Review: How secure is your mobile data – what options do you have?
Editor’s Note: This is a comparison between two paid security softwares, and not of the many free options. Some of which are Cerberus, Lookout, Prey and Where’s My Droid, which we at Android Australia highly recommend if you’re not after a paid version.
Written (beautifully) by Richard Taylor.
What do you have stored on your mobile? Phone numbers and addresses? Your ATM PIN in a text file because you can never remember it? Passwords to various web sites? Business and personal email messages?
As mobiles and tablets get more powerful, we use them more and more like personal computers. The difference is, these devices come everywhere with us. Unfortunately their small size and portability is also their biggest downfall in terms of data security.
WHAT IF THEY REALIZE THE VALUE OF THE DATA THEY HOLD? THAT ATM PIN. PHONE NUMBERS…
No matter if you leave your phone on a table at a café, in a cab, or it’s stolen from your bag its loss can have serious consequences. A thief might do no more damage than make a few international phone calls or try to sell your phone, but what if they realize the value of the data they hold? That ATM PIN. Phone numbers of your clients. Notes from the business meeting you just attended.
Just how secure is your mobile? Android’s face lock feature is known to be insecure with even a simple photo fooling it. A 4 digit PIN can be guessed easily, especially if the thief also grabbed your bag with other personal information to give them clues to what your PIN might be. Password protecting your device is the first step, but that won’t help against the growing mobile virus threat.
Some threats come as part of apps that actually contain malicious code. Others arrive via text messages, and replicate themselves by replying to incoming messages with an infected attachment. Yet more are dispersed via QR codes or NFC chips that tell your phone to download a malicious file.
Sidebar: Quick Response (QR) Codes
The popularity of QR codes in Australia is increasing. We are seeing them on billboards, in newspapers and magazines, in store catalogues and even on web sites. They are a way for people to convert a web link into a bar code that can easily be scanned and processed by a user simply by taking a photo of the code on their phone.
They are fast, convenient and dangerous! Used in combination with link shortening, it can be very difficult for a user to know in advance if the code is safe to use or what site the code will open.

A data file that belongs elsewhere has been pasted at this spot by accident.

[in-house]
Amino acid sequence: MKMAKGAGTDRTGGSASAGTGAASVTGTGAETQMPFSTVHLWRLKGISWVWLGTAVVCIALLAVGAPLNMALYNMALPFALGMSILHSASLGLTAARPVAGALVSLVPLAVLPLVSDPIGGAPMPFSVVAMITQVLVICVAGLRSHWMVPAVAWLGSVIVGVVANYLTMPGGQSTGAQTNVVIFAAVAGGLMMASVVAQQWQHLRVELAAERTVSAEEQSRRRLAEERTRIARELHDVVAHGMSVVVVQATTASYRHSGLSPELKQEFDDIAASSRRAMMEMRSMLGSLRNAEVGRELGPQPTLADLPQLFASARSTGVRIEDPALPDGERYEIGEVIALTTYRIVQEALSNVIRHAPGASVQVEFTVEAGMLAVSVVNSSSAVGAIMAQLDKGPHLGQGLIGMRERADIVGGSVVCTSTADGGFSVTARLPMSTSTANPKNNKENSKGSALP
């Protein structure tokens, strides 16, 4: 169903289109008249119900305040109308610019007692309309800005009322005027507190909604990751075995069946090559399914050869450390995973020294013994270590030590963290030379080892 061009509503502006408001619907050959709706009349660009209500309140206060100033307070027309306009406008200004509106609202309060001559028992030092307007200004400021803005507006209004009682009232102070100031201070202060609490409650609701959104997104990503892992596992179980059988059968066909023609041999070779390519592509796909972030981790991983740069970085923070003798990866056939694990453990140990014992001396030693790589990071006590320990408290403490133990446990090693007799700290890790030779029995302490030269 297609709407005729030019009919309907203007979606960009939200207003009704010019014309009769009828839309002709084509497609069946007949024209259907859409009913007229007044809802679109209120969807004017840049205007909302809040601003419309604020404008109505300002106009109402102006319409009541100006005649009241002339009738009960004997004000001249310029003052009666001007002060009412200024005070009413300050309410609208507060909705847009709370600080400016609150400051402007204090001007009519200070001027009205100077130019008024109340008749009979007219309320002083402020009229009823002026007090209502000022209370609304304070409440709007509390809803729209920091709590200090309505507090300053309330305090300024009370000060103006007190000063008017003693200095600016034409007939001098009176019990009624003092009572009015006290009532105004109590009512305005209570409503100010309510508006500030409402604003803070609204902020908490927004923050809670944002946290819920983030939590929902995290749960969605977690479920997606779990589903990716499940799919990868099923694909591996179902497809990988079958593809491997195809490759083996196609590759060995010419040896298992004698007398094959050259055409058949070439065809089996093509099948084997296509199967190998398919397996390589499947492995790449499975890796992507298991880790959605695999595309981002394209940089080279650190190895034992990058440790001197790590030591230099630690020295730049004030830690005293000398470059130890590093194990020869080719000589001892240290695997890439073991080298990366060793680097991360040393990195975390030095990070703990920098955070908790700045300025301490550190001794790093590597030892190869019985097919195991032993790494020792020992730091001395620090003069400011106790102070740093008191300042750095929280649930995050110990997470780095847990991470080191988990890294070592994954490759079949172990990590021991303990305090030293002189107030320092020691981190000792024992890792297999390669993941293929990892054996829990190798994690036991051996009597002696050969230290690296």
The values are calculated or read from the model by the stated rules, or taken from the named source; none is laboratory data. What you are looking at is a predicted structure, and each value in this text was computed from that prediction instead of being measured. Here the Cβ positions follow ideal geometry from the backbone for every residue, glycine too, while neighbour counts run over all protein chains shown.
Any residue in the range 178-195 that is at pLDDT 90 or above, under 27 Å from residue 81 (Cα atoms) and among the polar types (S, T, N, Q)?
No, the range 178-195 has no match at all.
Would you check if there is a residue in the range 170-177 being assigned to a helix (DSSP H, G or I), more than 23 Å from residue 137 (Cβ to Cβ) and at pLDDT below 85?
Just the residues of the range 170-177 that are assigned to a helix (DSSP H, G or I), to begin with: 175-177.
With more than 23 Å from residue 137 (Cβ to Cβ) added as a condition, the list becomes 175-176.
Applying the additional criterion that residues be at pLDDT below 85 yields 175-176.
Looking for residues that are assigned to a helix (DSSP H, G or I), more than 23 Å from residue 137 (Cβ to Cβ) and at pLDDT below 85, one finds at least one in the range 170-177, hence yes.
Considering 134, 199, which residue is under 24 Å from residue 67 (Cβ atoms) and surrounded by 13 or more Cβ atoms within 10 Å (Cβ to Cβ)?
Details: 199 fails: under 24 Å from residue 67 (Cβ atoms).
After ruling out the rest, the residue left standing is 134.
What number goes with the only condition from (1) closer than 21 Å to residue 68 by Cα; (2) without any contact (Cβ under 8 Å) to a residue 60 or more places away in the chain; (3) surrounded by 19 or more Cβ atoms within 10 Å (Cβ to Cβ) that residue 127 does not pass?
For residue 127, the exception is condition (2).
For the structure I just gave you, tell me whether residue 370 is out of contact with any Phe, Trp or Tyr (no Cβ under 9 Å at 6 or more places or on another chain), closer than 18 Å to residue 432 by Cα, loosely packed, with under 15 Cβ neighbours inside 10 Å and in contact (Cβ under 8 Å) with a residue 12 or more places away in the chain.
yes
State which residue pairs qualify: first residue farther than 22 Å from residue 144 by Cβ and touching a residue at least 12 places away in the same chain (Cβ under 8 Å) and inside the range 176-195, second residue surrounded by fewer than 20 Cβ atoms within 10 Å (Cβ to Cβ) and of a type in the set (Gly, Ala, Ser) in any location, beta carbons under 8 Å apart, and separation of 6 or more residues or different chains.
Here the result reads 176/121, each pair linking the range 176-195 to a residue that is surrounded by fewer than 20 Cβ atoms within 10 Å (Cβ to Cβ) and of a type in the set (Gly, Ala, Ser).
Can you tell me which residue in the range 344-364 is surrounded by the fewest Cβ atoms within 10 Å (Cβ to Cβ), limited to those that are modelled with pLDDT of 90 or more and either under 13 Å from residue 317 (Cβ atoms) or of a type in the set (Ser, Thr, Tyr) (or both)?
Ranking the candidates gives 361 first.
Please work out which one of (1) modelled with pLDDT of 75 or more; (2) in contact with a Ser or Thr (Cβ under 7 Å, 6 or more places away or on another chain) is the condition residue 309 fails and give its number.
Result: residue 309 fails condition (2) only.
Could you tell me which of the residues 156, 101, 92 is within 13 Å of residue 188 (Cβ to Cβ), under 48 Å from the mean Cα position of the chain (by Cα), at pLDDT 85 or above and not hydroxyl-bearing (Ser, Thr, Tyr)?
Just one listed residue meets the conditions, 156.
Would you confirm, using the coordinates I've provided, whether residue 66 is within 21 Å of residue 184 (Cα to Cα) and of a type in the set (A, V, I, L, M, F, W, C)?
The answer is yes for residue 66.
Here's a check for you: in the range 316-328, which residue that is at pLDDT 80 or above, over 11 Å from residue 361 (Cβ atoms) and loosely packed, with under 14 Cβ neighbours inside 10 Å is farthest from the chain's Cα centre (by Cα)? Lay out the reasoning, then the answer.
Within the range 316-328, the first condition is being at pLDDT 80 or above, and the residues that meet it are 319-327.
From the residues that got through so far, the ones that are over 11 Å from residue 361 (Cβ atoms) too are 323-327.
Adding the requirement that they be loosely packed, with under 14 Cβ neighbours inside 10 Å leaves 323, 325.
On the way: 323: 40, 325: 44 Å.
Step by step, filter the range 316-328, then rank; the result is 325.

QR codes have already been used to install Trojans on Android phones. They generally trick the user into spreading the Trojan by downloading an ‘update’ to some software or clicking a button to prove you’re human. Once installed on your device, the Trojan is then able to send messages to your contacts.
Because Android is a relatively open platform, it is easier for malware developers to write and distribute applications. Android’s increasing popularity is another major drawcard to these nefarious developers.
According to Symantec, over 13,000 malicious Android APKs (application packages) have been identified to date with around 10,000 of those identified just this year.
Symantec’s data shows that more than half of all Android threats collect device data or track users’ activities. Almost a quarter of the mobile threats identified in 2011 were designed to send content and one of the most popular ways for phone malware authors to make money is by sending premium SMS messages from infected phones. This technique was used by 18% of mobile threats identified in 2011. Increasingly, phone malware does more than send SMS. For example, attacks that track the user’s position and steal information.
Recognising the growing need to protect handheld devices, two of the big guns in desktop security also have products for mobile and tablets:
- Symantec offers two products: Norton Anti-Theft and Norton Mobile Security
- Kaspersky has their Mobile Security product
|Kaspersky Mobile Security||Norton Mobile Security||Norton Anti-Theft for Mobile and Tablet|
|Remote Locate||SMS||Web or SMS*||Web or SMS|
|Remote Lock||SMS||Web or SMS*||Web or SMS|
|Photo of User||-||Yes||Yes|
|Call & Text Filter||Yes||Yes*||-|
|Trusted Unlock Numbers||-||Yes*||-|
|Fraudulent (Phishing) Web Protection||Yes||Yes||-|
|Download File Protection||Yes||Yes||-|
|Full File Scan Protection||Yes||Yes||-|
|Android Version||2.2 or later||2.2 or later||2.2 or later|
|Annual Subscription||AU$49.95 per device||AU$29.99 per device||AU$49.99 up to 3 devices|
As you can see above, the feature offering from both Kaspersky and Norton’s mobile security product is fairly similar, but what do all those features mean?